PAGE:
Something else that my Dad noticed and asked the tour guide about was the height of the chimney stacks at Standen. With Webb’s lack of interest in ostentation, it seemed odd that he had chosen to include such imposing chimneys on the house, but we were reliably informed that they had to be that height as the house has high land to the back and smoke from a lower chimney could have been diverted back into the courtyard and gardens. So, in true Webb style, function over form.

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William Morris’ ‘Poppy’ design (the Business Room)

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William Morris’ ‘Trellis’ design (the Conservatory Corridor)

While Red House is still slowly revealing all of its William Morris delights, examples of the designer’s work have long been on display at Standen, with Morris wallpapers, textiles and furnishings in virtually every room. I took a few photos of the wallpapers wherever the light was good enough. A lot of the rooms at Standen are kept fairly dark to protect its contents and I could embark on a long debate here about the pros and cons of sacrificing the visitors’ experience in favour of protecting the contents they have come to see… but there just isn’t the time or space. I am sure you have your own opinions on this issue.

I’ll just draw your attention to a few other highlights of Standen. First of all, there are quite a lot of examples of William de Morgan ceramics in the house; many belong here full time, but others are on loan to Standen while the William de Morgan collection is looking for a new home. I was pleasantly surprised by these boldly coloured bowls and plates and I have to say I prefer them to many more recognised and traditional ceramics so I may have to seek out the full collection once it has found a new exhibition space. In the meantime, my Dad – who went to see the collection at its old home in the Wandsworth Museum – has lent me a book to read about de Morgan and his wife. You may remember that I had decided to read up about William Morris and the pre-Raphaelites after my Red House visit and the Standen shop supplied me with the requisite reading material on both, so I should be busy self-educating for some time now!

Anyone visiting Standen with children (or the young at heart) might want to set them a ‘Spot the Sunflower’ challenge in the Drawing Room as there are examples everywhere, from wallpaper and textiles to light fittings and even the stretcher on a William Morris six-legged table. Other fun things for younger visitors (and me!) include the address stamp in the Billiard Room so you can take home a piece of paper with the Standen address imprinted into it. The old typewriter in the Business Room is also free for visitors to use, but I hope you do a better job than me as I managed to type ‘Standen Visit 2985’ instead of 2015! My twenty-first century brain looked for the backspace key… to no avail!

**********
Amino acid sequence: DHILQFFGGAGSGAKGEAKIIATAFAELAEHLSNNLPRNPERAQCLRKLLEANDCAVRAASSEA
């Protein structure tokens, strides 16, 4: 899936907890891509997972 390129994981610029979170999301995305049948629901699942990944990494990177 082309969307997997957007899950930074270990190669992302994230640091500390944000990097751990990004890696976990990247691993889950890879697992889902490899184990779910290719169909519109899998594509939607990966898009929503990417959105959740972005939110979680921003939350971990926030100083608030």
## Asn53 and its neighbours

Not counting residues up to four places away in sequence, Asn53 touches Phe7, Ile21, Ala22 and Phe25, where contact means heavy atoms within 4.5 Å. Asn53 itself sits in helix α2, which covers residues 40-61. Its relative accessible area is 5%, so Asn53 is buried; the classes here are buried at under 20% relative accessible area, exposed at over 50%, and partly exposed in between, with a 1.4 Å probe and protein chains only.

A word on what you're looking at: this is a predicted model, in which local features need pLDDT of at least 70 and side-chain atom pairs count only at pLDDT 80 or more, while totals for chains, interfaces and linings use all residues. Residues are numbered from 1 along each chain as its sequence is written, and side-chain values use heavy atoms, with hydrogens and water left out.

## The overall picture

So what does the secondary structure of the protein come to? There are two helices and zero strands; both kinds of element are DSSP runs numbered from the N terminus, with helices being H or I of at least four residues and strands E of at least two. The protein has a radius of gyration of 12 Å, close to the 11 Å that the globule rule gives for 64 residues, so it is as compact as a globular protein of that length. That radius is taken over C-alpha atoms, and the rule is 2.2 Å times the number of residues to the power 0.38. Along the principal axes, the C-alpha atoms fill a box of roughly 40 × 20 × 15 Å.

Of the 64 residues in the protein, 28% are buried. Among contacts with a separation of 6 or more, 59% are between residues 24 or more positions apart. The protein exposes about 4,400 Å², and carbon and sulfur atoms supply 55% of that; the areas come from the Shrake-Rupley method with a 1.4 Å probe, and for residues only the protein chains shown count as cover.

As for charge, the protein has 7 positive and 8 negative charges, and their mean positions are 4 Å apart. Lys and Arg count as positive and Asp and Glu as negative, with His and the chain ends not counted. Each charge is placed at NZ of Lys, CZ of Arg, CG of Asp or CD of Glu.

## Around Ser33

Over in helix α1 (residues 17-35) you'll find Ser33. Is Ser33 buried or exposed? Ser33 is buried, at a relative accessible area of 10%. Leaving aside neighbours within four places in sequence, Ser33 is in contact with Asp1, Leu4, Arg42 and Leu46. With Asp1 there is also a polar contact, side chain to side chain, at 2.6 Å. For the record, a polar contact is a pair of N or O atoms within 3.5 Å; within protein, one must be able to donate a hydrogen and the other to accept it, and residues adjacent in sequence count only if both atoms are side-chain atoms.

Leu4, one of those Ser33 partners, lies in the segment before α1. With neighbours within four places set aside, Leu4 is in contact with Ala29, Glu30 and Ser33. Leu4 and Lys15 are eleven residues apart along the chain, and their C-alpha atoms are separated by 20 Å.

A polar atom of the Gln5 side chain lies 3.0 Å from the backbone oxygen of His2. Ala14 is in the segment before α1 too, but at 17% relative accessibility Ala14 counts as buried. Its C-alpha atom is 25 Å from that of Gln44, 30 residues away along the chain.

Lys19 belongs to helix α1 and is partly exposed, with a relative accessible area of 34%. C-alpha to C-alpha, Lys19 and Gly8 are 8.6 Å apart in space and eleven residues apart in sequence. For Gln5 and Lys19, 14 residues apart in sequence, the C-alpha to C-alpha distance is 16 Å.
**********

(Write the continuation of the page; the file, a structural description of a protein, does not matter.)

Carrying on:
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I must just finish with a mention of the gardens, which are something of a work in progress as the Trust is recreating Mrs Beale’s 1920s gardens. For those interested in garden design, there is a display about the project in the Potting Shed next to the café. Despite the unfinished nature of certain parts of the garden, they are certainly well worth a look at the moment as Standen is holding a tulip festival, and the beds are awash with spring colour.

Highlights: William Morris and William de Morgan decorations; the cosy Morning Room

Refreshments: Pot of tea and a toasted teacake (we later had lunch at the Star Inn on the A22 nearby as Dad refused to get in the very long queue at the Barn Café!)

Purchase(s): Guidebook; ‘William Morris’ by Richard Tame; ‘The Pre-Raphaelites’ by Tim Hilton; three secondhand books (‘Lucky Jim’ by Kingsley Amis, ‘My Last Duchess’ by Daisy Goodwin, and ‘Sister’ by Rosamund Lupton)

Companion(s): Mum, Dad, Sue and Roger

NT Connections: Red House (an earlier house designed by the architect Philip Webb and with Morris interiors); Wightwick Manor & Gardens (Morris & Co interiors and pre-Raphaelite paintings); Cragside (Morris & Co interiors)